Tag Archives: floods

California will see both more flooding and more drought by the end of the century

The entire state of California could see a 54% increase in rainfall variability by the end of the century, according to a new study, which predicts fluctuations in extremely dry and wet weather in the entire West Coast of the United States.

Floods in California in 2017. Credit Flickr

Wenyu Zhou, a postdoctoral researcher at the Lawrence Berkeley National Laboratory, and his team focused their research on the Madden-Julian oscillation (MJO) — an atmospheric phenomenon that influences rainfall in the tropics and can trigger everything from cyclones over the Indian Ocean to heatwaves, droughts, and flooding in the United States.

Researchers were surprised by the magnitude of the effect: 54% more rainfall variability by the end of the century

Although recent studies have investigated the response of the MJO to anthropogenic climate change, not much is known yet about its potential impact on teleconnections. As the Earth’s climate warms, the dynamics controlling MJO are set to expand eastward, causing a huge uptick in extreme weather in California, the study showed.

“I was surprised by the magnitude of the effect,” said Da Yang, an assistant professor with the UC Davis Department of Land, Air and Water Resources, in a press release. “A 54% increase in rainfall variability will have very significant impacts on agriculture, flood control and water management.”

The study showed that the MJO teleconnection pattern during the boreal winter will likely extend further eastward over the North Pacific. This is mainly due to an eastward shift in the exit region of the subtropical jet, to which the teleconnection pattern is anchored, and assisted by an eastward extension of the MJO itself.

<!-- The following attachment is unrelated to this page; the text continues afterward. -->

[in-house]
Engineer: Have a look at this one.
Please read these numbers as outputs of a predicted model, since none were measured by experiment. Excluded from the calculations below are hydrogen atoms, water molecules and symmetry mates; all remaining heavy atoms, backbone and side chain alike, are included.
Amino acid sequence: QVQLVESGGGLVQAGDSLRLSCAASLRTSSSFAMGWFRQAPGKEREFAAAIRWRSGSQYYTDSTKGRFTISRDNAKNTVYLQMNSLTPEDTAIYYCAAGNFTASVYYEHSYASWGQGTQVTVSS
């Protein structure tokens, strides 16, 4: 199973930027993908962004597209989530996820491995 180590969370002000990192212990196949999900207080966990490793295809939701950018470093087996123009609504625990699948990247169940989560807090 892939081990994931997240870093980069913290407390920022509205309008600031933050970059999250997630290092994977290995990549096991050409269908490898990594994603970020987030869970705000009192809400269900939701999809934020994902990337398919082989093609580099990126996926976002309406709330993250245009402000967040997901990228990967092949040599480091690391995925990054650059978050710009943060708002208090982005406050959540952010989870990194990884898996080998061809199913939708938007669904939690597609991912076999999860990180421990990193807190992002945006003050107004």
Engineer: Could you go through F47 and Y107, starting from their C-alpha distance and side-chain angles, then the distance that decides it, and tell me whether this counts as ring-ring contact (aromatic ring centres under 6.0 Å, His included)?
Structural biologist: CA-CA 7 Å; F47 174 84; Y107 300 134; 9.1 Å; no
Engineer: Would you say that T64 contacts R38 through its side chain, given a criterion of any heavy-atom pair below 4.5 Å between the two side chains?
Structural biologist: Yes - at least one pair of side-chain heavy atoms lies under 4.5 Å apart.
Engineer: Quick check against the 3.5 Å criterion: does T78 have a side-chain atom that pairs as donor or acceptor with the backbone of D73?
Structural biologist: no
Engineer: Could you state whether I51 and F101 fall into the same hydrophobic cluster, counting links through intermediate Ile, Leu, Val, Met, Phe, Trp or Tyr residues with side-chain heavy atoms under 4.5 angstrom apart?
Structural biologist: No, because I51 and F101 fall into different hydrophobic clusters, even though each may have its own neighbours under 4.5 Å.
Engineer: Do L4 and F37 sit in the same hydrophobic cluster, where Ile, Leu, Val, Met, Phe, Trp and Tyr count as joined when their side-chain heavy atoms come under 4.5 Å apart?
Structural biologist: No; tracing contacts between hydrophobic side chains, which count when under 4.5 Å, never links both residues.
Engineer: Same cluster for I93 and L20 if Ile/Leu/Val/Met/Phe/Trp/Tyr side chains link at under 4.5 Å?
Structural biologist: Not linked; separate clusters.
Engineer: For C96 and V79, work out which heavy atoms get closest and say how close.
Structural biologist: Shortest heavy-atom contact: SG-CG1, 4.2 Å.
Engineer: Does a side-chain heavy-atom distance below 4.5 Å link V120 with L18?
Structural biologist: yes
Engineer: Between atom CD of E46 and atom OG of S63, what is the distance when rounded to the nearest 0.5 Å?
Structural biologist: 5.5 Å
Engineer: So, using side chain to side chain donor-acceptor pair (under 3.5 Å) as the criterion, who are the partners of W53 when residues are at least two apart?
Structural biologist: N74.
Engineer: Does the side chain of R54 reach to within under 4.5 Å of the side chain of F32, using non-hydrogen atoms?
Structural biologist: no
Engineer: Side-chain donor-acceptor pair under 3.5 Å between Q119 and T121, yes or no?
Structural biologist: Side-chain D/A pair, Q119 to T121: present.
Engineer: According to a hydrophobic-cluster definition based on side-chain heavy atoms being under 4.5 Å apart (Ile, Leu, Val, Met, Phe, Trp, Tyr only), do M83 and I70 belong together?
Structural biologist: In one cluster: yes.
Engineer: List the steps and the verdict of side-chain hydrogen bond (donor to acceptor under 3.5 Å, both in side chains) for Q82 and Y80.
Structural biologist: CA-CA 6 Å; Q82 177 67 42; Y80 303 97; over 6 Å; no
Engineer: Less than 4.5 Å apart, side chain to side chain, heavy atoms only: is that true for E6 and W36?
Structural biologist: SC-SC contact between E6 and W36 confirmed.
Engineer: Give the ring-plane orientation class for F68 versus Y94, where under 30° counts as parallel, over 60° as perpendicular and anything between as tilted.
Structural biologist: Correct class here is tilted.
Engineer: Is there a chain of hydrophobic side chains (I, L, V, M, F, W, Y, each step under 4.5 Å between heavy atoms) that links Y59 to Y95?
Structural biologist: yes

The eastward-extended teleconnection enables the MJO to have a greater impact downstream on the Northeast Pacific and North American west coast, the researchers argued. Over California specifically, the study projects a 54% increase in MJO-induced precipitation variability by 2100 under a high-emissions scenario.

Yang and his team used satellite observations and computer models to study the physics of rainstorms and atmospheric circulation in a changing climate. They are now working to understand what environmental factors control the size and duration of rainstorms and how the collective effects of rainstorms, in turn, shape Earth’s climate.

About 85% of California’s population live and work in coastal counties. The sea level along California’s coasts has risen nearly 8 inches (20cm) in the past century and is projected to rise by as much as 20 to 55 inches (50 to 139cm) by the end of the century, according to government estimations.

This could put nearly half a million people at risk of flooding by 2100, and threaten $100 billion in property and infrastructure, including roadways, buildings, hazardous waste sites, power plants, and parks and tourist destinations. Coastal erosion could have a significant impact on California’s ocean-dependent economy, which is estimated to be $46 billion per year.

The study was published in the journal Nature.

Italian council in Venice rejects climate measures — immediately gets flooded